In the heels of super typhoon Yolanda’s fury, the Climate Change Commission (CCC) and the Global Green Growth Institute (GGGI) have pushed for the adoption of Ecotown framework.
The Commission said that the demonstration of Ecotown framework “emphasizes that economic growth and climate change can be mutually enforcing if we could fully take advantage of the concomitant shared opportunities.”
Given the Philippines’ extreme vulnerability to climate change, CCC stressed the need to view adaptation as a necessity rather than an option.
“Even the country’s recent economic gains will be futile in the wake of the changing climate and its adverse impacts,” said Helena Gaddi.
She further noted that investing or financing climate change action is not an extra development burden since adaptation measures could translate to savings from avoided costs once the impacts of climate change manifest.
Against this backdrop, the CCC revealed details on the demonstration of ecotowns in 10 municipalities.
Five project sites are being supported by GGGI specifically the municipalities of Del Carmen, Pilar, San Benito, and San Isidro in the province of Surigao del Norte and the municipality of San Vicente in Palawan.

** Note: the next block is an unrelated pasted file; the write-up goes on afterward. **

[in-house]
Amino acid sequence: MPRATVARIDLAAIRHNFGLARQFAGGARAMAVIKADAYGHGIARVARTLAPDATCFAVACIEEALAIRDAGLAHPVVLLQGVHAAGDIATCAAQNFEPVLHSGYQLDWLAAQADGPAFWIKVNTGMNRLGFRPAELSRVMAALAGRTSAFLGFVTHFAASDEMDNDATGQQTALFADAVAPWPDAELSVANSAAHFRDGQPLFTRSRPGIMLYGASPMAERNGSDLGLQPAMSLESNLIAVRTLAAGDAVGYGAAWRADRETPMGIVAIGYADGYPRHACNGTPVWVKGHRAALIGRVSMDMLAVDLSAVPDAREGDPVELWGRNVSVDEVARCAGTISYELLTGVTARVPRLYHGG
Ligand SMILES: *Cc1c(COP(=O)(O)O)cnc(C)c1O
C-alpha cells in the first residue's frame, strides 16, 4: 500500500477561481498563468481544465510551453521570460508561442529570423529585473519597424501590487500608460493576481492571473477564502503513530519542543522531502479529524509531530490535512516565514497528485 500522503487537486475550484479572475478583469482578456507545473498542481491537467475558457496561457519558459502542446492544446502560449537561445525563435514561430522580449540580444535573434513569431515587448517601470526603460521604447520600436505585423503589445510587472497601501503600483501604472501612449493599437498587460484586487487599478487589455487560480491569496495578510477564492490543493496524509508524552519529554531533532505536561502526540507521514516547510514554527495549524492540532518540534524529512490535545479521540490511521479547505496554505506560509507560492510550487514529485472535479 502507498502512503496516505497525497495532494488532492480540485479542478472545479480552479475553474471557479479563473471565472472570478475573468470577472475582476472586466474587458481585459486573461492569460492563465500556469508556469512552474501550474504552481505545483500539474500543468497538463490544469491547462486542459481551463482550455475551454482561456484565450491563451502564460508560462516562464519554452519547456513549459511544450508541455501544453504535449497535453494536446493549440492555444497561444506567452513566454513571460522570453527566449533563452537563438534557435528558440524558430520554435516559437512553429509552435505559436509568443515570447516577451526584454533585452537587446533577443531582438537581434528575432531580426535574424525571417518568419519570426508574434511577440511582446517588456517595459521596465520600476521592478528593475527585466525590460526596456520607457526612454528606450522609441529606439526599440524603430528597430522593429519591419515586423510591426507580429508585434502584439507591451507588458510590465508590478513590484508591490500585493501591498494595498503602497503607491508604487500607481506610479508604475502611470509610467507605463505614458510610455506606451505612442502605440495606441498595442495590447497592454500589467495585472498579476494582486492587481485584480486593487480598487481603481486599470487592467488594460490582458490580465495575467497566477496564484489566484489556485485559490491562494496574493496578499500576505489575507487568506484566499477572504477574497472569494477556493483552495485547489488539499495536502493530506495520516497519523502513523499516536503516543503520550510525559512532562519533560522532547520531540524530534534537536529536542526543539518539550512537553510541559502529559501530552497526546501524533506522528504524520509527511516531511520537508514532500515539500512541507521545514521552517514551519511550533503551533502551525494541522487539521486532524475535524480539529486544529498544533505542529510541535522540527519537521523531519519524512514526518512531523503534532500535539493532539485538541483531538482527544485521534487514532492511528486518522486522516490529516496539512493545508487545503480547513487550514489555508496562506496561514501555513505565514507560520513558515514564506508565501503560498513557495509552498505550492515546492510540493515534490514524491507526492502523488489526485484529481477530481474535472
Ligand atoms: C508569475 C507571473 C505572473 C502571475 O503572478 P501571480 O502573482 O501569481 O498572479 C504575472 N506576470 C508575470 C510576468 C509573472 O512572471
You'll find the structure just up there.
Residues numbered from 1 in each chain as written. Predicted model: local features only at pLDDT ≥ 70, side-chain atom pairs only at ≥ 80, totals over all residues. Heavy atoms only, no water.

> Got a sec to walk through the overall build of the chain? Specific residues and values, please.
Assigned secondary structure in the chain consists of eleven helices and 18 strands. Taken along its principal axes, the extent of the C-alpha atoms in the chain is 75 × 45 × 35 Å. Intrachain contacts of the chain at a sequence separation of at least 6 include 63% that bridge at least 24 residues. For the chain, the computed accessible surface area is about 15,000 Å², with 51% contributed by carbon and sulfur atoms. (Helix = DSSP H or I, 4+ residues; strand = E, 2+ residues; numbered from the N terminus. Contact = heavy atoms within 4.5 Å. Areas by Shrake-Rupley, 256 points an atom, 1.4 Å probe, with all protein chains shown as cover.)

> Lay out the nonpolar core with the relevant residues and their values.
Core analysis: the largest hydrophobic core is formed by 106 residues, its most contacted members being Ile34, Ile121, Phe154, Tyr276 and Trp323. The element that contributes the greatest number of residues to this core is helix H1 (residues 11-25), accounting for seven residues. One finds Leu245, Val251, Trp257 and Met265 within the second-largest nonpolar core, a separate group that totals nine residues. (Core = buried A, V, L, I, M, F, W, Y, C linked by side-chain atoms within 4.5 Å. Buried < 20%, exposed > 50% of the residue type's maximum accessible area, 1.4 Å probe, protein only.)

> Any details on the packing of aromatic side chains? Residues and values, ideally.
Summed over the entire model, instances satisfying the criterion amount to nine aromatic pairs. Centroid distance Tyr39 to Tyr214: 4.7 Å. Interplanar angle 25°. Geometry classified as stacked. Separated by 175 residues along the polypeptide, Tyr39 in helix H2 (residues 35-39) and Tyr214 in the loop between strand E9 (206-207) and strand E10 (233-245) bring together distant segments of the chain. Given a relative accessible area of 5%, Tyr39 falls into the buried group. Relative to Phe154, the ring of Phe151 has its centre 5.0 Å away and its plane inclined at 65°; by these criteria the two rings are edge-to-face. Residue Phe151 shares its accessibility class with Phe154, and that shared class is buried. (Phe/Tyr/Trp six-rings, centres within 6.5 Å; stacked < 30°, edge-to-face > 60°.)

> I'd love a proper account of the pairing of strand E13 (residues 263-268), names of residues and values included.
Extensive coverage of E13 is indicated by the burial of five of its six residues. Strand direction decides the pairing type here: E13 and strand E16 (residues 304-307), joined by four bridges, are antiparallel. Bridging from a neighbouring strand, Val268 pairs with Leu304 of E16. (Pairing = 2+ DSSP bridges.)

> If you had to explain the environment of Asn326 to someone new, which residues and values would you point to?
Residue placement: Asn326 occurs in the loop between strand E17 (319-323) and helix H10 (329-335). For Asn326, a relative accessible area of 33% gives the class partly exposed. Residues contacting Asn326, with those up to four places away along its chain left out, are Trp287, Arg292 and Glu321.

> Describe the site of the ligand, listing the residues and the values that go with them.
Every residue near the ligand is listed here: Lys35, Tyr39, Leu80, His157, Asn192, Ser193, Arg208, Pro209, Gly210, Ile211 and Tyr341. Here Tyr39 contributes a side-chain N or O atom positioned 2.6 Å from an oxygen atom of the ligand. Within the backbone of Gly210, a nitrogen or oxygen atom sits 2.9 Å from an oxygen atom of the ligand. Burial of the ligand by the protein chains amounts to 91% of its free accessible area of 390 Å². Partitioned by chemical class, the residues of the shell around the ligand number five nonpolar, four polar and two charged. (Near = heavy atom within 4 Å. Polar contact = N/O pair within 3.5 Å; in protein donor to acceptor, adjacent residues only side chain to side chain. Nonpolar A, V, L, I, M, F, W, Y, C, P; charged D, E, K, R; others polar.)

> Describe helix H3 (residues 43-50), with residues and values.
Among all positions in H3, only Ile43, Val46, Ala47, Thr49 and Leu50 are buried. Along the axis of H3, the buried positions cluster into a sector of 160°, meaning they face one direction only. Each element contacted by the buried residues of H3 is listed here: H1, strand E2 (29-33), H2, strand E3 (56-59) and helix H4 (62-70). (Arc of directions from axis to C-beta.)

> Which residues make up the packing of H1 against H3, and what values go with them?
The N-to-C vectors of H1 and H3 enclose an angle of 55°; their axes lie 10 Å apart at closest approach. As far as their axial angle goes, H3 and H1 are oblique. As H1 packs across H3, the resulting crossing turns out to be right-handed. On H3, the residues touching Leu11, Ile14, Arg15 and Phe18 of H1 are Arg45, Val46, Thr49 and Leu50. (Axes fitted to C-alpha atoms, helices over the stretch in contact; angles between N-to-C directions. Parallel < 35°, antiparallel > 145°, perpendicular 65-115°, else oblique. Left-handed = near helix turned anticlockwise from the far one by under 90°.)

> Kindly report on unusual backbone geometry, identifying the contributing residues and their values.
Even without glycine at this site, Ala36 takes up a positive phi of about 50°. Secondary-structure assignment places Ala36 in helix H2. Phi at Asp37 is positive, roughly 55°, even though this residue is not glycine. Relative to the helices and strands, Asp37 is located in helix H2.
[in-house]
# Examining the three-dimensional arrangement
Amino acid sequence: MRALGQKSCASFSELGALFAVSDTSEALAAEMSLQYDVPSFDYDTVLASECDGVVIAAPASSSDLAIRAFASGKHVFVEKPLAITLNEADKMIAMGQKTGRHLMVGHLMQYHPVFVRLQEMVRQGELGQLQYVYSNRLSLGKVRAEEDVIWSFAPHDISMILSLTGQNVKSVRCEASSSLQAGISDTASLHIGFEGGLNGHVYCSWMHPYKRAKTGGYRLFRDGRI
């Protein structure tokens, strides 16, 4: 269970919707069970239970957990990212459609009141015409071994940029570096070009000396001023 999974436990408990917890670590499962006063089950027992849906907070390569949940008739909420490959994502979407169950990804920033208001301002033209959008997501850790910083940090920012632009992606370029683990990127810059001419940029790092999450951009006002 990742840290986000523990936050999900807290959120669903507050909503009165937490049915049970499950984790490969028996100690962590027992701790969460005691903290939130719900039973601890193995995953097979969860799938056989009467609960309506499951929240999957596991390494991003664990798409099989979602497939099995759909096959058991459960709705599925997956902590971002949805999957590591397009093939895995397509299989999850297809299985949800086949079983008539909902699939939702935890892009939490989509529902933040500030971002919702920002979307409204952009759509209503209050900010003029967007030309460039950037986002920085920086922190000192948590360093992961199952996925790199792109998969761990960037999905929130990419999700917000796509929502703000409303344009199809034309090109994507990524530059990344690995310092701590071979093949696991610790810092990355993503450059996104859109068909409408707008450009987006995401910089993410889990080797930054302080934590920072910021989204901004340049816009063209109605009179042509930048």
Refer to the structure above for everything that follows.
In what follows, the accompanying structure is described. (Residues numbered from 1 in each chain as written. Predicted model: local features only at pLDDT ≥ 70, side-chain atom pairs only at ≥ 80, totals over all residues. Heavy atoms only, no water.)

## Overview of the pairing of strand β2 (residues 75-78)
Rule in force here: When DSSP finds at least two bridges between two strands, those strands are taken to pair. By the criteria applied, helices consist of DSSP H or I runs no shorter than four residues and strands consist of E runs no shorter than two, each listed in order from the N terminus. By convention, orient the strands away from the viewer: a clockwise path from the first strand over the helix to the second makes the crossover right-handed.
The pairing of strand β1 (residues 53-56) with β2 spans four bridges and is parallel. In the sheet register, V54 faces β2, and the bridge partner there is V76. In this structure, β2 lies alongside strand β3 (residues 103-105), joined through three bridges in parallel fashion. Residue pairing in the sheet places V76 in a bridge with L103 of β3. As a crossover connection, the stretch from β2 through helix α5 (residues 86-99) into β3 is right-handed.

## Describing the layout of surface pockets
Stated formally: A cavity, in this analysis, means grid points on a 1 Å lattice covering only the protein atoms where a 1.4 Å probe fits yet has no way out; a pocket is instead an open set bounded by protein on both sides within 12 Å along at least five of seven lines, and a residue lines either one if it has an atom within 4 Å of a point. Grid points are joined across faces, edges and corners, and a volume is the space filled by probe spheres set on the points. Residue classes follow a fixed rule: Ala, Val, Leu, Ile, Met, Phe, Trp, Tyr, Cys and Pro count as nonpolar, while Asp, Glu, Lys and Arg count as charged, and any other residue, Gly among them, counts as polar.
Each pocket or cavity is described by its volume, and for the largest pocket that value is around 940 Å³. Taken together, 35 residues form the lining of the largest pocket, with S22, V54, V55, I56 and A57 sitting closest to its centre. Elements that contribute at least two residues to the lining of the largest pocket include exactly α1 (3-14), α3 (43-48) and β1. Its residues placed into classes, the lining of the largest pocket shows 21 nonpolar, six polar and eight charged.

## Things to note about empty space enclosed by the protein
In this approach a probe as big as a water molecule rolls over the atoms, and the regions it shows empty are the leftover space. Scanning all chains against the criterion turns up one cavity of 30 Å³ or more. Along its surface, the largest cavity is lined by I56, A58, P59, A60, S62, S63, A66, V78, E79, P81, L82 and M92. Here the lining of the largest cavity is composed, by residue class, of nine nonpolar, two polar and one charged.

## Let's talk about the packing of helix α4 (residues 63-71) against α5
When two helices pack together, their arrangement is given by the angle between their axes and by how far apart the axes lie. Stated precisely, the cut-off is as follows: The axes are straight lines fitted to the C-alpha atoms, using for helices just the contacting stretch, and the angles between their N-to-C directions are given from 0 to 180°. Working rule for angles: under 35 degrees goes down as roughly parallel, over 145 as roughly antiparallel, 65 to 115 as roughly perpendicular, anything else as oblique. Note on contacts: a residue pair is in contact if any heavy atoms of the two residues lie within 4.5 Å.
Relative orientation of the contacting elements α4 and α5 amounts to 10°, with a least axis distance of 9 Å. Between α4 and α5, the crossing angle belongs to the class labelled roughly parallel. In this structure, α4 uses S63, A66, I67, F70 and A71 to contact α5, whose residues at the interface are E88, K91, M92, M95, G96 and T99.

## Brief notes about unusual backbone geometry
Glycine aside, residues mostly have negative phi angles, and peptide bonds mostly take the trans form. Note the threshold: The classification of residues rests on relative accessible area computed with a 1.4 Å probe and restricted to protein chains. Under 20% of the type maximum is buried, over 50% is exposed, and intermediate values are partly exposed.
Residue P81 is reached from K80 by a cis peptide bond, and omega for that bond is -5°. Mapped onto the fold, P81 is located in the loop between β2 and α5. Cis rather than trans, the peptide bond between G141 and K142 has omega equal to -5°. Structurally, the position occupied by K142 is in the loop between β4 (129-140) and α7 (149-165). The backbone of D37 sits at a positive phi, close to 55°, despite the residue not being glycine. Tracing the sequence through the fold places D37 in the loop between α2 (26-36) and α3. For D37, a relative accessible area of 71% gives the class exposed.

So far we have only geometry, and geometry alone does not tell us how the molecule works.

Assistant Secretary Joy Goco clarified that the Philippines’ version of ecotown focuses on adaptation instead of mitigation (such as zero carbon footprints) as in the case of other countries.
“Ecotown pays more attention to adaptation and the emphasis is on anticipatory planning to prepare for the inevitable effects of climate change,” she said.
Being the first of its kind at the municipal level, the initiative seeks to integrate and mainstream climate change adaptation and disaster risk reduction in the local development plans such as the Comprehensive Development Plan (CDP) and Comprehensive Land Use Plan (CLUP) to enable communities to become “ecologically stable” and “economically resilient.”
To share the progress achieved on the ground, Jesse Velente of the Municipal Planning Development Office of San Vicente Palawan presented some of the most important findings of the project.
He discussed the most crucial sectors namely agriculture, forestry, health, and coastal and marine, and how these sectors are being affected by climate change in their municipality.
Encapsulating where these efforts fall in the grand vision toward green growth, Dr. Yong Sung Kim of GGGI emphasized that while climate change presents daunting challenges, it can serve as a strong catalyst to positive green growth transition.
Furthermore, San Vicente can serve as a role model for other LGUs in demonstrating green growth and initiate the shift of momentum from the LGU to the provincial, national and sectoral level, thereby embedding green growth as a core strategy in development planning at all levels.
RITCHIE A. HORARIO